hide Sorting

You can sort these results in two ways:

By entity
Chronological order for dates, alphabetical order for places and people.
By position (current method)
As the entities appear in the document.

You are currently sorting in ascending order. Sort in descending order.

hide Most Frequent Entities

The entities that appear most frequently in this document are shown below.

Entity Max. Freq Min. Freq
Washington (United States) 145 1 Browse Search
Maryland (Maryland, United States) 122 0 Browse Search
Jefferson Davis 106 0 Browse Search
United States (United States) 96 0 Browse Search
Winfield Scott 66 0 Browse Search
Toutan Beauregard 64 2 Browse Search
Bull Run, Va. (Virginia, United States) 62 0 Browse Search
Baltimore, Md. (Maryland, United States) 56 0 Browse Search
Abe Lincoln 40 0 Browse Search
Johnston 38 8 Browse Search
View all entities in this document...

Browsing named entities in a specific section of Rebellion Record: a Diary of American Events: Poetry and Incidents., Volume 2. (ed. Frank Moore). Search the whole document.

Found 107 total hits in 34 results.

1 2 3 4
Bull Run, Va. (Virginia, United States) (search for this): chapter 65
turn of fugitive slaves by our troops to disloyal owners. What! said Senator Wilson; shall we take these men who have been used to dig intrenchments. for masked batteries, behind which their traitorous masters are posted to murder our true loyal defenders — shall we force these poor men back to those traitorous masters, to be used behind other batteries for mowing down the soldiers of the Union? The tone of the question was slightly warmed, I imagine, by what the Senator had seen at Bull Run. Allusion was made to the Senator from Kentucky, who had demanded the yeas and nays, and a small shot was fired toward him. Mr. President, said the ex-leader and candidate, rising with great assumption of calm dignity, the Senator from Massachusetts will of course do his duty as he understands it. I, sir, as a Senator from Kentucky, shall endeavor to do mine. [Resumes his seat and the newspaper, which he turns over somewhat conspicuously toward the gentleman on the other side of the ho
Fort Ellsworth (Kansas, United States) (search for this): chapter 65
all the way; and we took some extra exercise, chasing a bullock or two, straying off into the woods. I think we saved our Uncle Samuel one stout animal, and fairly earned a beefsteak, which is hereby freely waived in behalf of privates A and B, who are probably as hungry as we. As day dawned, we caine up with a female equestrian, probably a nurse, who walked her horse leisurely by the wagons. Soon we observed camps near the road, over which waved the Stars and Stripes; the ramparts of Fort Ellsworth on a hill commanding the road into Alexandria, were occupied by men, busy apparently in placing their guns in range; and at the outer picket near the town, another platoon from the garrison were arguing the point with fugitive soldiers who were asking admittance. Even at this time only the wagons and the disabled men seemed to be allowed to pass: able-bodied soldiers were very properly stopped outside. Our pass was promptly honored as usual. At the first chance for a cup of coffee — a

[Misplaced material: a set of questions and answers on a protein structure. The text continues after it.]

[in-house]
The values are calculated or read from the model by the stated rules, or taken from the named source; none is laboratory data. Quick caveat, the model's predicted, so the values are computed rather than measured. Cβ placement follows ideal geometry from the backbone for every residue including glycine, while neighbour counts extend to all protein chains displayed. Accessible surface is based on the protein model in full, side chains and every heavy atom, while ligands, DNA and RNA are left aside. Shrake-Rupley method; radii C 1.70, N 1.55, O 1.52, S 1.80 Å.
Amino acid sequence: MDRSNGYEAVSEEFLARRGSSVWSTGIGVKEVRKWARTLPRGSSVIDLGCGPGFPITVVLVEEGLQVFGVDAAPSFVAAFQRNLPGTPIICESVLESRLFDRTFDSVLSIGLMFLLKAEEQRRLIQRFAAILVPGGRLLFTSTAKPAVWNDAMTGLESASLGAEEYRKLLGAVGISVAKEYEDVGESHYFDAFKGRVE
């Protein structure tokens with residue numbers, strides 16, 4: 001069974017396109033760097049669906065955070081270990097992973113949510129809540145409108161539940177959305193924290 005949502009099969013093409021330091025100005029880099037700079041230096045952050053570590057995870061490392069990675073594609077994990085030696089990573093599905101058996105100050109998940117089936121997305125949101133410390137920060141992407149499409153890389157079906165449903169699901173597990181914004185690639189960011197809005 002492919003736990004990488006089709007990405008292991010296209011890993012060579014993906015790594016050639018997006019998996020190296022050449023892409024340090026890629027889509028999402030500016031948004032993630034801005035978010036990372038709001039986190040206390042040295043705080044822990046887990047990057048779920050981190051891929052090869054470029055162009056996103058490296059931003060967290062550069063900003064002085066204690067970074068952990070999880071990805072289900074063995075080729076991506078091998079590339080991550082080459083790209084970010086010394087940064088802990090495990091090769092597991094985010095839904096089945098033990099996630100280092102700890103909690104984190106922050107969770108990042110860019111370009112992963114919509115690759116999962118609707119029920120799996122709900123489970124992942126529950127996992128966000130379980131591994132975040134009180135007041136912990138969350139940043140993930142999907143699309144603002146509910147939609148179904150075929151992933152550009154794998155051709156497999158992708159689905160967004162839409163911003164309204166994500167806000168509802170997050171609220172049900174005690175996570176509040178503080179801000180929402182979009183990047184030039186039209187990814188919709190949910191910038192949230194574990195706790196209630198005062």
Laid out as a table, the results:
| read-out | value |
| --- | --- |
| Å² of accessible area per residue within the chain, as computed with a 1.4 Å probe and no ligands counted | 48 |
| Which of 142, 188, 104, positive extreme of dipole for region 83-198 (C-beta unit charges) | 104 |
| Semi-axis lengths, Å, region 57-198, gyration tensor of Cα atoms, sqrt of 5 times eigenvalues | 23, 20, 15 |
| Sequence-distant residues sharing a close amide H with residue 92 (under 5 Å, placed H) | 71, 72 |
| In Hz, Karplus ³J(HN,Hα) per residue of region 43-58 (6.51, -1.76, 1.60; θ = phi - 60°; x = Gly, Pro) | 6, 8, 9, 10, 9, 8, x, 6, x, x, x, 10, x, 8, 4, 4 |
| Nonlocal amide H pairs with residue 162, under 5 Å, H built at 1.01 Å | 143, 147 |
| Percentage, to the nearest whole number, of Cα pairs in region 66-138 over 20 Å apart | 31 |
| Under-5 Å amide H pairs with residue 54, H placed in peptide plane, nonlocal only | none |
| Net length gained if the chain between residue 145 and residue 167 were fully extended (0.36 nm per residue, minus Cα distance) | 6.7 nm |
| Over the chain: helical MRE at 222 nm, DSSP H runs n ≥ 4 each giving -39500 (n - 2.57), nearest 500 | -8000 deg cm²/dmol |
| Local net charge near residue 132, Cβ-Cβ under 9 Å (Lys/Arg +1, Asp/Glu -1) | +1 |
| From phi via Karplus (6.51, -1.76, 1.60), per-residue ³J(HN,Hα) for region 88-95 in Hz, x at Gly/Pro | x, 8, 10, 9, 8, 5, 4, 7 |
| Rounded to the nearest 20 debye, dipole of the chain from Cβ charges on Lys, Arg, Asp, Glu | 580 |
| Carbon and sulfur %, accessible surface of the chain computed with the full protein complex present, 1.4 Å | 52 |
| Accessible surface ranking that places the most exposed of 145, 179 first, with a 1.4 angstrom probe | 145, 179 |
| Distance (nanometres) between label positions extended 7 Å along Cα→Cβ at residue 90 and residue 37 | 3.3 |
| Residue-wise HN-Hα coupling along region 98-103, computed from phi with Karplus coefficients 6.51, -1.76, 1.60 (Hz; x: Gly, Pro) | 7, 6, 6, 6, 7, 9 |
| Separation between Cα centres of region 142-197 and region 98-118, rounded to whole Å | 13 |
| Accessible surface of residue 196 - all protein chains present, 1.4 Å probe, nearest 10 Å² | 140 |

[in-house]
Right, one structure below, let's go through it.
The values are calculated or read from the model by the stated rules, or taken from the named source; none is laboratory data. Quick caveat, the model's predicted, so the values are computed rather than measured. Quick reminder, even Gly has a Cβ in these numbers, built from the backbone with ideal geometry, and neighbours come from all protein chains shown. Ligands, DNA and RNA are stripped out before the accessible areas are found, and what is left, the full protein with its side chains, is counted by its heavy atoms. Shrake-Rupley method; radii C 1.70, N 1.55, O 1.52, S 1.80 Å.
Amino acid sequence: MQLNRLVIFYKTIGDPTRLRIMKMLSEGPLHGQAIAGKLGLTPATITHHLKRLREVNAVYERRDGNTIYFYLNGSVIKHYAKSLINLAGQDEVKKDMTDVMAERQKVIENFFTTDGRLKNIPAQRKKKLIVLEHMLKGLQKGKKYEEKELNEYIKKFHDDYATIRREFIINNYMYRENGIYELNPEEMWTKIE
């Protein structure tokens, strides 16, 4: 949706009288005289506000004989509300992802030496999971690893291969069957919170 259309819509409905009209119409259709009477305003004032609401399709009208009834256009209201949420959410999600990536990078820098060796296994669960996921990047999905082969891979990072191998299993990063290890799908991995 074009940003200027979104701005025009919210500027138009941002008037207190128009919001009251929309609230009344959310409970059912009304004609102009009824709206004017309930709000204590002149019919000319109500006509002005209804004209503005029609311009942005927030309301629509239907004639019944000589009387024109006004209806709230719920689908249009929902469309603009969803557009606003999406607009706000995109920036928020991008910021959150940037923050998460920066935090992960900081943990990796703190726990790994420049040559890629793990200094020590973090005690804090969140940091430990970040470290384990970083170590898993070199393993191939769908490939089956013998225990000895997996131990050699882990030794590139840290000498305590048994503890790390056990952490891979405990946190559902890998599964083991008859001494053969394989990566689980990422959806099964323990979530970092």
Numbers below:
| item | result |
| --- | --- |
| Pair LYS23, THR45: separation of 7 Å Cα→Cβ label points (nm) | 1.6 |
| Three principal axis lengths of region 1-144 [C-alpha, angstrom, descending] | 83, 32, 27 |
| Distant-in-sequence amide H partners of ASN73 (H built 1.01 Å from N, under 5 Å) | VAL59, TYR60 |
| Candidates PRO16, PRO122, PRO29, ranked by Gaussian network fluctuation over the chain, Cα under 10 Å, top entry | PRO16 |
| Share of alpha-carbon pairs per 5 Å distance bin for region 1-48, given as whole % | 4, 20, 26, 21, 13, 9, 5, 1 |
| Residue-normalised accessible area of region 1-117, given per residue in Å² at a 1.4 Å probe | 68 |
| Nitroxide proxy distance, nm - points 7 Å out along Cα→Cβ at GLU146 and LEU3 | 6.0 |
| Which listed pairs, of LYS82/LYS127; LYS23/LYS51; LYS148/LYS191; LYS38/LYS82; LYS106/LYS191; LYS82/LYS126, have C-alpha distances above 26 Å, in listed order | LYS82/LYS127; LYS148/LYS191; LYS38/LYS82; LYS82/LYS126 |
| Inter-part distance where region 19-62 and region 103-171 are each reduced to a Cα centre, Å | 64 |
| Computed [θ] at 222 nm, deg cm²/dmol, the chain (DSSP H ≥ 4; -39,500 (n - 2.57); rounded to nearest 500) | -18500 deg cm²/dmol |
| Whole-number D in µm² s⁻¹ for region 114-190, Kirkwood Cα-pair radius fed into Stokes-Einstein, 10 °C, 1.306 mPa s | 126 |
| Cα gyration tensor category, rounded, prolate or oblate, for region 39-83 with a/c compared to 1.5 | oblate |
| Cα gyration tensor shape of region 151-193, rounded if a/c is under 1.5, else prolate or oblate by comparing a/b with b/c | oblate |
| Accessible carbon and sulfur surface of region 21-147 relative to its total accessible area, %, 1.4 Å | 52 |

Kentucky (Kentucky, United States) (search for this): chapter 65
o those traitorous masters, to be used behind other batteries for mowing down the soldiers of the Union? The tone of the question was slightly warmed, I imagine, by what the Senator had seen at Bull Run. Allusion was made to the Senator from Kentucky, who had demanded the yeas and nays, and a small shot was fired toward him. Mr. President, said the ex-leader and candidate, rising with great assumption of calm dignity, the Senator from Massachusetts will of course do his duty as he understands it. I, sir, as a Senator from Kentucky, shall endeavor to do mine. [Resumes his seat and the newspaper, which he turns over somewhat conspicuously toward the gentleman on the other side of the house. ] Pearce speaks, half-way, for Maryland. Mr. Clerk Forney presently calls the vote; Trumball, Sumner, Wilson, and others, responding an emphatic Ay; and the chairman remarks that the bill is passed --six Senators voting No. Mr. Tennessee Johnston then postponing his speech, we looked into t
Maryland (Maryland, United States) (search for this): chapter 65
from Kentucky, who had demanded the yeas and nays, and a small shot was fired toward him. Mr. President, said the ex-leader and candidate, rising with great assumption of calm dignity, the Senator from Massachusetts will of course do his duty as he understands it. I, sir, as a Senator from Kentucky, shall endeavor to do mine. [Resumes his seat and the newspaper, which he turns over somewhat conspicuously toward the gentleman on the other side of the house. ] Pearce speaks, half-way, for Maryland. Mr. Clerk Forney presently calls the vote; Trumball, Sumner, Wilson, and others, responding an emphatic Ay; and the chairman remarks that the bill is passed --six Senators voting No. Mr. Tennessee Johnston then postponing his speech, we looked into the House, found the seats as full as usual, and business proceeding; and so we adjourned to the cars, and soon whirled by our pickets, and passed the famous Junction, and the Relay House, and Federal Hill, and noted Pratt street; had a glimp
Tennessee (Tennessee, United States) (search for this): chapter 65